Here are 10 things you should know about the immortal Irving Berlin, born 130 years ago today. The great Jerome Kern once said of Berlin, “Irving Berlin has no place in American music—he is American music,” and we couldn’t agree more. Perhaps no songwriter’s works are heard more often on Cladrite Radio.
In this chapter from his 1932 book, Times Square Tintypes, Broadway columnist Sidney Skolsky profiles perhaps the greatest of American songwriters, Irving Berlin.
THE BIRTH OF THE BLUES
HE has a name that will live forever and he bought it for a song. IRIVING BERLIN.
Came to this country at the age of four, the youngest of eight children. In Russia his father was a cantor. Here a kosher butcher.
He has yet to find a hat to fit him.
He eats a lot for one of his size.
Plays the piano by ear. And only in F sharp. Has a specially constructed piano with a sliding keyboard. When the music calls for another key he merely moves the lever.
He is not a one finger player. Uses all his fingers badly.
Has a scar on his forehead. It was received on a Washington’s Birthday in Cherry Street, trying to start a bonfire.
Thinks he is a good stud poker player. His friends say he’s lucky.
His pet aversions are riveters and second verses.
Ran away from home at the age of fourteen. His first stop was Callahan’s saloon. Here he sang “The Mansion of Aching Hearts” until enough coins were tossed at him to pay for a night’s lodging. Later became a singing waiter at Nigger Mike’s place, 12 Pell Street. The barker on the trip to Chinatown bus now points out the place.
He wrote “Alexander’s Ragtime Band,” credited with starting the jazz vogue, at the age of twenty-three.
Crowds frighten him. So do certain individuals.
His idea of a great achievement is writing a song that reaches the million copy mark.
Maintains a home in West Forty-sixth Street. But lives elsewhere. The first of every month generally finds him moving.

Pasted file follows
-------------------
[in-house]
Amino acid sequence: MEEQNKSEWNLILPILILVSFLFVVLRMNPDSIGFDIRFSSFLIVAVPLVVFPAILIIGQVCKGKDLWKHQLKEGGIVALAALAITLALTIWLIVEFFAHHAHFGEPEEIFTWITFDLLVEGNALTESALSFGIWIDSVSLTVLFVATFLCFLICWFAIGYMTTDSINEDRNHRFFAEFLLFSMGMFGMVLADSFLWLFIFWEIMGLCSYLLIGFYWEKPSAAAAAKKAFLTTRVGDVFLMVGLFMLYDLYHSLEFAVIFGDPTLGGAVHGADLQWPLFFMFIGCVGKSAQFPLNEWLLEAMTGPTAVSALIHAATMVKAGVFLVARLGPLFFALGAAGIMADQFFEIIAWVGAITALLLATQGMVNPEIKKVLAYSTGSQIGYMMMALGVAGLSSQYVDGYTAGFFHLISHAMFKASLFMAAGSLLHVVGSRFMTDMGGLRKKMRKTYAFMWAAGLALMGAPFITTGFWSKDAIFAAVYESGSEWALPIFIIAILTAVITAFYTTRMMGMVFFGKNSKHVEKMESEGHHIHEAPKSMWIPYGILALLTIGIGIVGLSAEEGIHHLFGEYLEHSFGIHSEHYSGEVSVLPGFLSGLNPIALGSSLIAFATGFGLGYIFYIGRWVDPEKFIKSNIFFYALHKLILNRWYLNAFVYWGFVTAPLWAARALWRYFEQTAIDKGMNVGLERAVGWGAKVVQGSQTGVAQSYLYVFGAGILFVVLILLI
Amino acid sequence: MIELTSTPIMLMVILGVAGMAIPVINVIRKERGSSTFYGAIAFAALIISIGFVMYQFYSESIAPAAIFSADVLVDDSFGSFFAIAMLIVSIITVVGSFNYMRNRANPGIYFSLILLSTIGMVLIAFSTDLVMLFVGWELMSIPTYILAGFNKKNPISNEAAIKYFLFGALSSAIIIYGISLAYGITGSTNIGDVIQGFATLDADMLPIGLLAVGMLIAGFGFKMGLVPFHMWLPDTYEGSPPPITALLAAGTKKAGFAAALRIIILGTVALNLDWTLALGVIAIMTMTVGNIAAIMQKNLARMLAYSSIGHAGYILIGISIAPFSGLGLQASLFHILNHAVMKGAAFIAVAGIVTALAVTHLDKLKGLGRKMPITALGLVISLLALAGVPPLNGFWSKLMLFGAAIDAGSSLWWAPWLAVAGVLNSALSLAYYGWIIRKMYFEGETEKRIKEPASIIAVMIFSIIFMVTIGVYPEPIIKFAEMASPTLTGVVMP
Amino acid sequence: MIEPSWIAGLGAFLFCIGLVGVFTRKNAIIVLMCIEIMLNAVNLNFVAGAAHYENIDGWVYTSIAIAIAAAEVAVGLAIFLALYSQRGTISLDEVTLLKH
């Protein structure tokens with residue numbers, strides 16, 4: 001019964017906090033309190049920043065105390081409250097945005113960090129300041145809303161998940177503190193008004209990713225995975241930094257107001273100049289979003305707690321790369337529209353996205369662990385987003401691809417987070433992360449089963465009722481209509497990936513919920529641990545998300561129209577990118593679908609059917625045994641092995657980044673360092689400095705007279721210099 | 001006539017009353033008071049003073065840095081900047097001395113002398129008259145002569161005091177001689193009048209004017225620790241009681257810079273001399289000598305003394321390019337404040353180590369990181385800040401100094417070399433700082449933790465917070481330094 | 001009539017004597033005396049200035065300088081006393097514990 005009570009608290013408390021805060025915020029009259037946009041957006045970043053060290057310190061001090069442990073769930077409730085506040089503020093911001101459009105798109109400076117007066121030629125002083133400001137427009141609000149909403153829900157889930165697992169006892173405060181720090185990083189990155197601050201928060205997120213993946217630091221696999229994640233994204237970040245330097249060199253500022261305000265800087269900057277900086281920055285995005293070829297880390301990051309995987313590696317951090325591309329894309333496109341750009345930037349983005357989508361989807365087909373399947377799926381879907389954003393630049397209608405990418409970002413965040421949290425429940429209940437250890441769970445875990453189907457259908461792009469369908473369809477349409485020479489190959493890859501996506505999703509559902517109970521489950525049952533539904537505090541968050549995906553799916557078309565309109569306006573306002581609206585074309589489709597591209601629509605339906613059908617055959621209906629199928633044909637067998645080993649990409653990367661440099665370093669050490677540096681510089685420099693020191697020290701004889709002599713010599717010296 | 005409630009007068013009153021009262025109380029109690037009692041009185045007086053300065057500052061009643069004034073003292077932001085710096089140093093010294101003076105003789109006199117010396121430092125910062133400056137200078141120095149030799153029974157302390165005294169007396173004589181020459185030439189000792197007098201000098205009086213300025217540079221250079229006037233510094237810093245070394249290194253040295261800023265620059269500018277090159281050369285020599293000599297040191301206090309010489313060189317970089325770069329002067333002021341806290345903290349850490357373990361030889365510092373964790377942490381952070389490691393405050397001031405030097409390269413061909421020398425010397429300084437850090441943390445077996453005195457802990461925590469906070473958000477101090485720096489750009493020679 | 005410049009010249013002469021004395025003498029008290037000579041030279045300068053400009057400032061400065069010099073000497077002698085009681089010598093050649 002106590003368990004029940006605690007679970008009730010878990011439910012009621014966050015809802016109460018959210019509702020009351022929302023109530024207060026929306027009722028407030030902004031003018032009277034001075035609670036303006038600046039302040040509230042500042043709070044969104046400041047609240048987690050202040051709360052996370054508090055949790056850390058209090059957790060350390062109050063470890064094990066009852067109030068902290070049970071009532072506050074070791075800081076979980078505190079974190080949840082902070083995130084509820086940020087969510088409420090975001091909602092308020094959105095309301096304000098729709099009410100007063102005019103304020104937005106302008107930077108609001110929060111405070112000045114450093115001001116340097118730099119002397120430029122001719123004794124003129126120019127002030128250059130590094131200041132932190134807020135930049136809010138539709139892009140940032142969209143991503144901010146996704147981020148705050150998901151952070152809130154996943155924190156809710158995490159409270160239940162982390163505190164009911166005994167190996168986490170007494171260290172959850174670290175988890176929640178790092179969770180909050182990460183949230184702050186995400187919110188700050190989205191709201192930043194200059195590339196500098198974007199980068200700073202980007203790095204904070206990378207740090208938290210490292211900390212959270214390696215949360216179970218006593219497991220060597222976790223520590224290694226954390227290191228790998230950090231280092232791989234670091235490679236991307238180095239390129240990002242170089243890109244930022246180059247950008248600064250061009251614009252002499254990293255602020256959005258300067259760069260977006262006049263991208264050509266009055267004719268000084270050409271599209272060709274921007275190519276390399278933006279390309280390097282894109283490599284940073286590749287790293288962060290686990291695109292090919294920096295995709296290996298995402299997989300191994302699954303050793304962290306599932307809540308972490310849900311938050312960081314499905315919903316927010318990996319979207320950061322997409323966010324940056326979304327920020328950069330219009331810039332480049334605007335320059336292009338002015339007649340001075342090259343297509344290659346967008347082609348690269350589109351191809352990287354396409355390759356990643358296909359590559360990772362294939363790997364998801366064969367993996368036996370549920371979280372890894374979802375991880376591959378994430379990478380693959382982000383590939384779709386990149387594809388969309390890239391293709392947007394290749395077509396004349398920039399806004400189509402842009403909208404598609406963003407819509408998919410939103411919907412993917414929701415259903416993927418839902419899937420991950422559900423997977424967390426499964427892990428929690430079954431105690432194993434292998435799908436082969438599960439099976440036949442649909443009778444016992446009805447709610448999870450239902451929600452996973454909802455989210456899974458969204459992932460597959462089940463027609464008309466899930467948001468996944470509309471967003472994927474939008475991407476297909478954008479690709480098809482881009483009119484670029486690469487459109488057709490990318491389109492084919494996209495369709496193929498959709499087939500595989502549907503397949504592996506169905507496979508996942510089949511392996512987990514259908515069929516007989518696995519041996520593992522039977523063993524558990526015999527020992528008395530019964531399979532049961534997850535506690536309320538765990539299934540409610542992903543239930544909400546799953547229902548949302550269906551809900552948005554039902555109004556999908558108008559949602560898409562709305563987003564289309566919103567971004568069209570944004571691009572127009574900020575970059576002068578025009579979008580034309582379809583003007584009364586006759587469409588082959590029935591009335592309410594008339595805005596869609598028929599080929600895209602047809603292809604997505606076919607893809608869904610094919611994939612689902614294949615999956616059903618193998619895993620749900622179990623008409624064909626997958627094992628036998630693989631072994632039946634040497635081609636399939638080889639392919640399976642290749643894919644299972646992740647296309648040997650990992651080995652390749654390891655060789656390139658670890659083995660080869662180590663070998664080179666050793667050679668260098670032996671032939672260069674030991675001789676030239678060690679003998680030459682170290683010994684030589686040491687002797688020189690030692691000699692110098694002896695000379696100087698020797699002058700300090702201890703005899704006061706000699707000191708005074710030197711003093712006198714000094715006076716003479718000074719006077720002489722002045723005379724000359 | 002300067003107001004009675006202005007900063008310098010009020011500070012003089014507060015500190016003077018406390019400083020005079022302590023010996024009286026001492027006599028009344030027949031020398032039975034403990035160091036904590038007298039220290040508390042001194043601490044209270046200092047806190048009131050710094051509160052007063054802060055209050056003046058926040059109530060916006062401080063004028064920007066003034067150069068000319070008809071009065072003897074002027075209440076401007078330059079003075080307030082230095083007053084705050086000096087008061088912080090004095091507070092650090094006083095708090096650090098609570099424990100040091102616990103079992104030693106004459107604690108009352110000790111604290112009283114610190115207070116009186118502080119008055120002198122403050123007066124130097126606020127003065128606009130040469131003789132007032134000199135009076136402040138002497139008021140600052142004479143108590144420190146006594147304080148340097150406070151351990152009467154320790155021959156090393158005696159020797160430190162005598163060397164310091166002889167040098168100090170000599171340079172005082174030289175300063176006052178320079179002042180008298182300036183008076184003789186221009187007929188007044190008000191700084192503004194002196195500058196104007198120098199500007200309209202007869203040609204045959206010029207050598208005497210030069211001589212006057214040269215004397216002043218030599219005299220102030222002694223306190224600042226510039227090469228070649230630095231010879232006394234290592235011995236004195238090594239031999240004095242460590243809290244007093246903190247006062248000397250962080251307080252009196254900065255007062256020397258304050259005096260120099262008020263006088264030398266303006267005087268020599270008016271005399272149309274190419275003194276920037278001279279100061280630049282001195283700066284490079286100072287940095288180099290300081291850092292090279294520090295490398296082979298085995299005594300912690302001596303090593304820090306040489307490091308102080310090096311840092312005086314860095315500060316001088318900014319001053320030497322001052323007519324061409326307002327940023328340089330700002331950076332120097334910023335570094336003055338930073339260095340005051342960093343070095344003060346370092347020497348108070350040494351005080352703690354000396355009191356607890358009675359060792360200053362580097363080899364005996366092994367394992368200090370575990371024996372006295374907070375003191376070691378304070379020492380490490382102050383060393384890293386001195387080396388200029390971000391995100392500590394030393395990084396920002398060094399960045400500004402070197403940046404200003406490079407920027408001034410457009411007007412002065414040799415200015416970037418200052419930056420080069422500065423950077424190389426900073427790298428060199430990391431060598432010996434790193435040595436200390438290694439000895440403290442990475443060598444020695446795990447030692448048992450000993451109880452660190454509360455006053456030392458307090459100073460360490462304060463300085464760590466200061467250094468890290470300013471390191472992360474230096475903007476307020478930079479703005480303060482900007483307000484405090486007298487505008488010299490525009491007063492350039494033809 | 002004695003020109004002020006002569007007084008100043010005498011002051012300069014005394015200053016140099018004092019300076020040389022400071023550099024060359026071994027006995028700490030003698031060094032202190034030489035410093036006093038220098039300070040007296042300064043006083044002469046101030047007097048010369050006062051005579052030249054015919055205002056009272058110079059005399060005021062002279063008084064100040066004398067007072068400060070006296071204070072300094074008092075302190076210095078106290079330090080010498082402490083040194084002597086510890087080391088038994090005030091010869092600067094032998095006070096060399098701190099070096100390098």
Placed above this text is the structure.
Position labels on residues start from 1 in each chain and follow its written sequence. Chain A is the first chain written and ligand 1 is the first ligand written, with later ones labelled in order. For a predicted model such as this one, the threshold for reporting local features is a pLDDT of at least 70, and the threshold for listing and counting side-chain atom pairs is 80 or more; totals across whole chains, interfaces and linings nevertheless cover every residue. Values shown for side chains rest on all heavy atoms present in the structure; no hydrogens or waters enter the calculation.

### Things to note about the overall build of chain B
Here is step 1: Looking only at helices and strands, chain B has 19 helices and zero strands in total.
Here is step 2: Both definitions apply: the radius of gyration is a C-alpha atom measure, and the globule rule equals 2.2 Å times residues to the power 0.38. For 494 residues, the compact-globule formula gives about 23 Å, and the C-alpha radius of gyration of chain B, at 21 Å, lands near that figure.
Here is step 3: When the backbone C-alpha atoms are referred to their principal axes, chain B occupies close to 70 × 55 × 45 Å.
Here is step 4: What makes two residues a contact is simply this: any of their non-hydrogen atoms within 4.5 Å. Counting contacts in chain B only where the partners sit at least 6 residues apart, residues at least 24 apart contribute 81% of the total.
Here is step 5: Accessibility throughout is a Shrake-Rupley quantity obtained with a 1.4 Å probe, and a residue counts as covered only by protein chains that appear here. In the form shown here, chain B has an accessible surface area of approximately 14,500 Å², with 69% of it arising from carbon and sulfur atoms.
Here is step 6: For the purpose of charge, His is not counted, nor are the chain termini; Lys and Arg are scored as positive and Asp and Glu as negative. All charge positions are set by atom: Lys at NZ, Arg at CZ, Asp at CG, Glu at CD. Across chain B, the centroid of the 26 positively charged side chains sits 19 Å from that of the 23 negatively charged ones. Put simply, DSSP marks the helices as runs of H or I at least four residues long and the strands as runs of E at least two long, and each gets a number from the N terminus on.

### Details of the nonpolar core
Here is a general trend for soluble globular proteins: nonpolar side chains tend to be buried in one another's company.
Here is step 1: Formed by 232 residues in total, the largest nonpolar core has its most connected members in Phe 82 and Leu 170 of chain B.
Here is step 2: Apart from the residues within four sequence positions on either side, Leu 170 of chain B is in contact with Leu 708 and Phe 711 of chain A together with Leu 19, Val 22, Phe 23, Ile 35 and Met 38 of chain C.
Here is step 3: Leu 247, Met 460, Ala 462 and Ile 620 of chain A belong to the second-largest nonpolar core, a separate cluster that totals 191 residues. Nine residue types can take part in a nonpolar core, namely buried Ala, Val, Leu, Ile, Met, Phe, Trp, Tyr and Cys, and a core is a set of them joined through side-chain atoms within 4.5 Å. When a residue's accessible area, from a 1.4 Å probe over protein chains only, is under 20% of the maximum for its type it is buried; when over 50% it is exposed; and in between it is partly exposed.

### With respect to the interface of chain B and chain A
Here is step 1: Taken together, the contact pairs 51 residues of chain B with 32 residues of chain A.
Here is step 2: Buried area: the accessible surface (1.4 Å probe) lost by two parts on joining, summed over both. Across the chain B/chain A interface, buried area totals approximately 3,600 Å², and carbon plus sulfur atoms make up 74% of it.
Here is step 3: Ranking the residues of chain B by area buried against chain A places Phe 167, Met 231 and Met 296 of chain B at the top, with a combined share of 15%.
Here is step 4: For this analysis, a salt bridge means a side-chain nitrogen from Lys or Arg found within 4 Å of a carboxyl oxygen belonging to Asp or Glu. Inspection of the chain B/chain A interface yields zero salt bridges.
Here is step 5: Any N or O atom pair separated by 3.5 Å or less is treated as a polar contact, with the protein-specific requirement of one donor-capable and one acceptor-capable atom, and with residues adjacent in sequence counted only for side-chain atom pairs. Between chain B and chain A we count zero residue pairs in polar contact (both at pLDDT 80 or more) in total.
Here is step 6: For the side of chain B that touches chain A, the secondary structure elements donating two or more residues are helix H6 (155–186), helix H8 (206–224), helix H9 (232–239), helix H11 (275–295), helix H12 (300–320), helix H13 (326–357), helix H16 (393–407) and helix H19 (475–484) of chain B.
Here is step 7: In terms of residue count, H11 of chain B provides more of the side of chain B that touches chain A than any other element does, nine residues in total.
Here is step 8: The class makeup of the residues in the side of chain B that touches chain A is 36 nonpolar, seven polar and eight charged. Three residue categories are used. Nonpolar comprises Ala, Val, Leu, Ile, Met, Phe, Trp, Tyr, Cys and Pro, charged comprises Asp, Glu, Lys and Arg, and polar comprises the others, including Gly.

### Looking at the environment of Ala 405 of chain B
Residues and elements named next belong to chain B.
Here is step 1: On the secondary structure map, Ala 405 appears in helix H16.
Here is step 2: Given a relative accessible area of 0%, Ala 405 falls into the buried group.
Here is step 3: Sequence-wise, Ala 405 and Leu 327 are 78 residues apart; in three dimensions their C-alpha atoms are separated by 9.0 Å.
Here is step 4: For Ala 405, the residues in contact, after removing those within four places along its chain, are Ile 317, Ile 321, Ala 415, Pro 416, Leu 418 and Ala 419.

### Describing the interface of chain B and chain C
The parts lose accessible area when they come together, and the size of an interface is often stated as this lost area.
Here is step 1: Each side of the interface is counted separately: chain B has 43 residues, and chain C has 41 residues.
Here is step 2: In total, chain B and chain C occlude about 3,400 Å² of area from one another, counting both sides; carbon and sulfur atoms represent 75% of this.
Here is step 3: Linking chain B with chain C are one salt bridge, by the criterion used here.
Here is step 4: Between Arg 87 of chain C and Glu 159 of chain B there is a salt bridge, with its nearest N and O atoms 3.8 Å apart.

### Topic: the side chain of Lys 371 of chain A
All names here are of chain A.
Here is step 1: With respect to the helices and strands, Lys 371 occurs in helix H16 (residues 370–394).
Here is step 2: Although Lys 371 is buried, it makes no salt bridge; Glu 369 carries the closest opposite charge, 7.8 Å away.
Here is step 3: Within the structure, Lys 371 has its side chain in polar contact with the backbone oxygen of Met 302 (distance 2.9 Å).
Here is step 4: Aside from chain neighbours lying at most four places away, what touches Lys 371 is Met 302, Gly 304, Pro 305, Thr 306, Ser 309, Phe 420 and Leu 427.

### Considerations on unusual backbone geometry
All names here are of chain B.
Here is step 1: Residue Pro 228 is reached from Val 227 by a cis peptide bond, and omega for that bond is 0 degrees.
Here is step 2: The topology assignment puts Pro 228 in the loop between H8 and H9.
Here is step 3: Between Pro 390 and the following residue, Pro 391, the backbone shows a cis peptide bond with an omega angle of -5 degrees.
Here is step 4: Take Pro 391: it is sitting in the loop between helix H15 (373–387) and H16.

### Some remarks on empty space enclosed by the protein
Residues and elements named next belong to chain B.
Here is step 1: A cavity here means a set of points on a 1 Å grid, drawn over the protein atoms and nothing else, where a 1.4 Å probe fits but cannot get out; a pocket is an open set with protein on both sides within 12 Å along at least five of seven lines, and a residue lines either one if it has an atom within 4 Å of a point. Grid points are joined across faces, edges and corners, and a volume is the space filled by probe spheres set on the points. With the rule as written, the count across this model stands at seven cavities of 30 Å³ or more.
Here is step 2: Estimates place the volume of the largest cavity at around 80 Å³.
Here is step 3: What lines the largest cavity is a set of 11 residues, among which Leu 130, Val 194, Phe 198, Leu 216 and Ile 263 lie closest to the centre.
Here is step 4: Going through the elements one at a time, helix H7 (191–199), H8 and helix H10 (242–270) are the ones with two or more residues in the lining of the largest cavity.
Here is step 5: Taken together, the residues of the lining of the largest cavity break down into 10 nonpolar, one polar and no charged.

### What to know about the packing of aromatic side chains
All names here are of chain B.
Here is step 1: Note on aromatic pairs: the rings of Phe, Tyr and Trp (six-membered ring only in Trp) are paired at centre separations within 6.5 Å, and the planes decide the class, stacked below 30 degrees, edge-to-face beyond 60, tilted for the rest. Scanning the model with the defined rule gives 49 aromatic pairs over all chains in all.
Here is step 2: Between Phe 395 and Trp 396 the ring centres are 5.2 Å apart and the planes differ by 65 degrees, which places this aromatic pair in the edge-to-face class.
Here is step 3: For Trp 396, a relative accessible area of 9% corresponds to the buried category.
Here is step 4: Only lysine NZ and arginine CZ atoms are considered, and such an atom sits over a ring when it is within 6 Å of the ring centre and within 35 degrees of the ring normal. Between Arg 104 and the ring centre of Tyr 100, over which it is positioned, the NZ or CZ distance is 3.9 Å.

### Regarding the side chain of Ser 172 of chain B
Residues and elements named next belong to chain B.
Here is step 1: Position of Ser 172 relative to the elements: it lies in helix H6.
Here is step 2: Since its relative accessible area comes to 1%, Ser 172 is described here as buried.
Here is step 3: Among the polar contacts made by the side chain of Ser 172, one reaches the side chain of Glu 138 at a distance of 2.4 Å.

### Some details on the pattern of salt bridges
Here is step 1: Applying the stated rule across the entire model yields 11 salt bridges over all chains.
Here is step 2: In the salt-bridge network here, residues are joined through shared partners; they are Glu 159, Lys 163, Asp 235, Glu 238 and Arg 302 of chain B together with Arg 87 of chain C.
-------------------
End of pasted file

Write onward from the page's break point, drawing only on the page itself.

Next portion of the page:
His square moniker is Israel Baline. For a time, he went under the name of Cooney. Became Berlin because that was the way the Bowery pronounced Baline.
As a singing waiter he kicked a hoofer named George White out of the place for being a pest, and he served Al Smith.
Is always chewing gum. This can be observed by merely watching the funny way his hat moves on his head.
His favorite biographer is Alexander Woollcott.
He composes in this fashion: First playing the song on the piano. Then singing it to Arthur Johnson, his right and left hand man, who records upon paper what he hears. Then Johnson plays the written manuscript. This is the first draft. From this Berlin works on to the final version. Often after a song has been published he changes it.
His bill for flowers for the Mrs. is $1,000 a month.
His patent leather dinner shoes have more cracks than his hair has waves.
Of all the songs he has written, a figure exceeding four hundred, his favorite is “The Song Is Ended But the Melody Lingers On.”
Is very restless. Can’t sit or stand still. Always paces the floor. He walks miles in any room he is in. It is the only exercise he gets.
As far as playwrights go, his taste begins and ends with George S. Kaufman. As for music, he’ll whistle anything by Jerome Kern. For lyrics he hands first prize to B. G. De Sylva. And if asked to name the swellest guy in the theatrical game, he’d shout Sam Harris.
He has had to change his entire working schedule since he became a father.
He has never worn a diamond. The only jewelry he wears is, occasionally, a pearl tie pin.
Never eats the crust of bread or rolls. Always plucks the filling. This can be seen circled about his plate.
After finishing a song he sings it to the first person he meets. A bell boy at Palm Beach was the first person to hear “Lazy.” A Broadway taxi driver was the first to hear “All Alone.” A bewildered stranger, occupation unknown, was the first to hear “Say It With Music.”
He never writes anything in longhand but his signature on a check. Everything else he prints.
The one thing in life he is looking forward to is walking into a restaurant with his daughter, Mary Ellen.
Of all the songs ever written the one he’d love to be the author of is “The Rosary.”
On the fly leaf of a book containing every song he wrote there is this ditty which he believes sums up everything:
Let Me Be a Troubadour,And I Will For Nothing MoreThan One Short Hour Or SoTo Sing My Song And Go.
He has a form-fitting couch which was especially designed for him.